NCUA Files Suit Against Wells Fargo
December 1, 2011
December 1, 2011
The NCUA is suing Wells Fargo, alleging they violated state and federal securities laws and misrepresented the sale of securities to the now-defunct U.S. Central Federal Credit Union and Western Corporate Federal Credit Union.
While the violations were committed by Wachovia, Wachovia was sold to Well Fargo in 2008. Both failed corporates purchased around $44 million in residential mortgage-backed securities from Wachovia in 2006. U.S. Central also purchased $112 million in additional Wachovia-underwritten securities that were originated by a third party, NovaStar Mortgage Funding Trust.
Like previous lawsuits, the NCUA suit claims that Wachovia misrepresented the offering documents as a seller and underwriter. The corporates believed the associated risk of loss was minimal, when in reality, the risk was high. The purchased mortgage-backed securities dramatically declined in value, essentially rendering the corporates insolvent.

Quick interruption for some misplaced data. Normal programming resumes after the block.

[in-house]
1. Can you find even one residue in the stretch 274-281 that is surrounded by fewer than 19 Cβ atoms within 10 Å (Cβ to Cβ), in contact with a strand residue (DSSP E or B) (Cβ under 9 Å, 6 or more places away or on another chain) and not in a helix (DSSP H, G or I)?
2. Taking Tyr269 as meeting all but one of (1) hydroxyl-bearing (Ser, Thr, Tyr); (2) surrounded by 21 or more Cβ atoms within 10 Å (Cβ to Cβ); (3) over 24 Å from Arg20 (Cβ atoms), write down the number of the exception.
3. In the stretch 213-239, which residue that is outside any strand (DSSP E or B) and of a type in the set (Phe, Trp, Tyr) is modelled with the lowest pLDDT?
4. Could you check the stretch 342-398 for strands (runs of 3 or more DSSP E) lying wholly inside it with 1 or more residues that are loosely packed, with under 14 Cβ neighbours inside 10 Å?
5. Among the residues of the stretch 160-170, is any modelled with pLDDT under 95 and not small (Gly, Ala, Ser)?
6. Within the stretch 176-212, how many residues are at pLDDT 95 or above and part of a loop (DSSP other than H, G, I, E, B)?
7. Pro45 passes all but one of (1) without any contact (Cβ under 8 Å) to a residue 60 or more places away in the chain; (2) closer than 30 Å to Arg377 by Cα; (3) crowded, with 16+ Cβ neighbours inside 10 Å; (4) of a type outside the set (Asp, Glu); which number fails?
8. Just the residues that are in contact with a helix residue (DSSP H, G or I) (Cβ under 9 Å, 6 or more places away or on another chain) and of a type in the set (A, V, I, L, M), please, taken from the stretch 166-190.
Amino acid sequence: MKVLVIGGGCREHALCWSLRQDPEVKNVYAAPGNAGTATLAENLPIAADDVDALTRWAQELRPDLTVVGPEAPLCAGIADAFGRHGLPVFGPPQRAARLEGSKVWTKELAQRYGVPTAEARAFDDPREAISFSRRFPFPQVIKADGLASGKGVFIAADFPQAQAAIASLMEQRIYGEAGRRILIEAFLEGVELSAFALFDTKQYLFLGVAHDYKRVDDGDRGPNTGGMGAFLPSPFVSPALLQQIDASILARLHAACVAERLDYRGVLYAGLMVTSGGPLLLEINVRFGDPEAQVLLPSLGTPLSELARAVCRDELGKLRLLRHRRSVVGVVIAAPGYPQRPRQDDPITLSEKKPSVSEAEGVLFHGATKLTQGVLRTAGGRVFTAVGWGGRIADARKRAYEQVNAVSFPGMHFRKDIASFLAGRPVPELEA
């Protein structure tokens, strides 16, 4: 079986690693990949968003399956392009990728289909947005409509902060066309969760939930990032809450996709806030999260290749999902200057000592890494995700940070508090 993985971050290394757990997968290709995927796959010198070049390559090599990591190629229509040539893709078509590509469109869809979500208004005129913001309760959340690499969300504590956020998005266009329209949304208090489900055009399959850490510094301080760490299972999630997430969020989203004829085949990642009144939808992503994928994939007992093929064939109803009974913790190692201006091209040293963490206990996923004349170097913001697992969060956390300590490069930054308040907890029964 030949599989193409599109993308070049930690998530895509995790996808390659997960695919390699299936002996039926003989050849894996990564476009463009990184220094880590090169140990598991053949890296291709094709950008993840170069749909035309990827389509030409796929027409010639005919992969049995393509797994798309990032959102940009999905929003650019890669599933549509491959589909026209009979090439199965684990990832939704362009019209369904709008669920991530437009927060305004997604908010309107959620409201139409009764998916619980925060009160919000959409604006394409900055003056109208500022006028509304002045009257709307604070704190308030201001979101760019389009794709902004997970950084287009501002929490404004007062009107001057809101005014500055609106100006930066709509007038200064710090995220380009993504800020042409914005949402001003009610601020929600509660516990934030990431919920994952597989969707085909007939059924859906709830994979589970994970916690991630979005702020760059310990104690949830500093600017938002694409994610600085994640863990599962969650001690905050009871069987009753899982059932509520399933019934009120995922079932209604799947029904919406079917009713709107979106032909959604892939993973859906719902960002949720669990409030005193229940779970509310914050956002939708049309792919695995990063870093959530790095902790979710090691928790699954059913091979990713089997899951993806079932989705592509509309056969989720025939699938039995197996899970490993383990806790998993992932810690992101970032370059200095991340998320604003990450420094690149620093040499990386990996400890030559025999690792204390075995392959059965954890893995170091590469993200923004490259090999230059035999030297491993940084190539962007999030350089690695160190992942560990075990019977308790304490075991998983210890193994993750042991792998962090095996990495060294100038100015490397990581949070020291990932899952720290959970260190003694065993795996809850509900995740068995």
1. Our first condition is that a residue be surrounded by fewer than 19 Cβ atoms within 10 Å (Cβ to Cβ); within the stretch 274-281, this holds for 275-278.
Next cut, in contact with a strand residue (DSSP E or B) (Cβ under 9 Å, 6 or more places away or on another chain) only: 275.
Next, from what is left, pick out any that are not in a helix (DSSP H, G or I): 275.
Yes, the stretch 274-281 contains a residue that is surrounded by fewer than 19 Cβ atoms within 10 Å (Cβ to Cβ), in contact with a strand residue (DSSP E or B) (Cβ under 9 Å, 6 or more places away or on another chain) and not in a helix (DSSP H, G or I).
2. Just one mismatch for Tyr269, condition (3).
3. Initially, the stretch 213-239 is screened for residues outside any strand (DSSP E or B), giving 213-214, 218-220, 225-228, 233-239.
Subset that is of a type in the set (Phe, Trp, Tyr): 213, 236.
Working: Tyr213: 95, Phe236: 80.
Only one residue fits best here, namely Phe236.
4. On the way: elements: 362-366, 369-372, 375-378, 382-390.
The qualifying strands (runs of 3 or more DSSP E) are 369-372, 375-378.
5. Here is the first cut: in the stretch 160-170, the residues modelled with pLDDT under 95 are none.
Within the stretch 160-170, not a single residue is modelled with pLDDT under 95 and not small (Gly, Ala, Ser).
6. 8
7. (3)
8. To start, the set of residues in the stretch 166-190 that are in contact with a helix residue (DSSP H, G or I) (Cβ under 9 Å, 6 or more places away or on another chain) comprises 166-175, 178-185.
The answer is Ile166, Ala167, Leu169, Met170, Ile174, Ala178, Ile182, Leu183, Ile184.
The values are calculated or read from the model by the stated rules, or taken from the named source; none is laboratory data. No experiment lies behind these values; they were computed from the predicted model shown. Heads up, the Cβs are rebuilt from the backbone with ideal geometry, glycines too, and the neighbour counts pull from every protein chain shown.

Because of these and similar unprecedented losses, several corporates failed. As credit unions know, they continue to pay for the losses brought on by these investments through the Temporary Corporate Credit Union Share Insurance Fund.
This is one more step in the NCUA’s pursuit of reclaiming billions in securities-related corporate credit union losses from other Wall Street firms, as it is also seeking nearly $2 billion in combined damages from Goldman Sachs, RBS Securities and J.P. Morgan. In November, Citigroup and Deutsche Bank Securities settled separately with the agency, with Deutsche Bank agreeing to pay the agency $145 million and Citigroup paying $20.5 million.
The NCUA continues to address loss recovers and is expected to take action in as many as nine cases.
Questions? Contact Director of Regulatory Advocacy Jaycee Winn: 503.350.2209, firstname.lastname@example.org.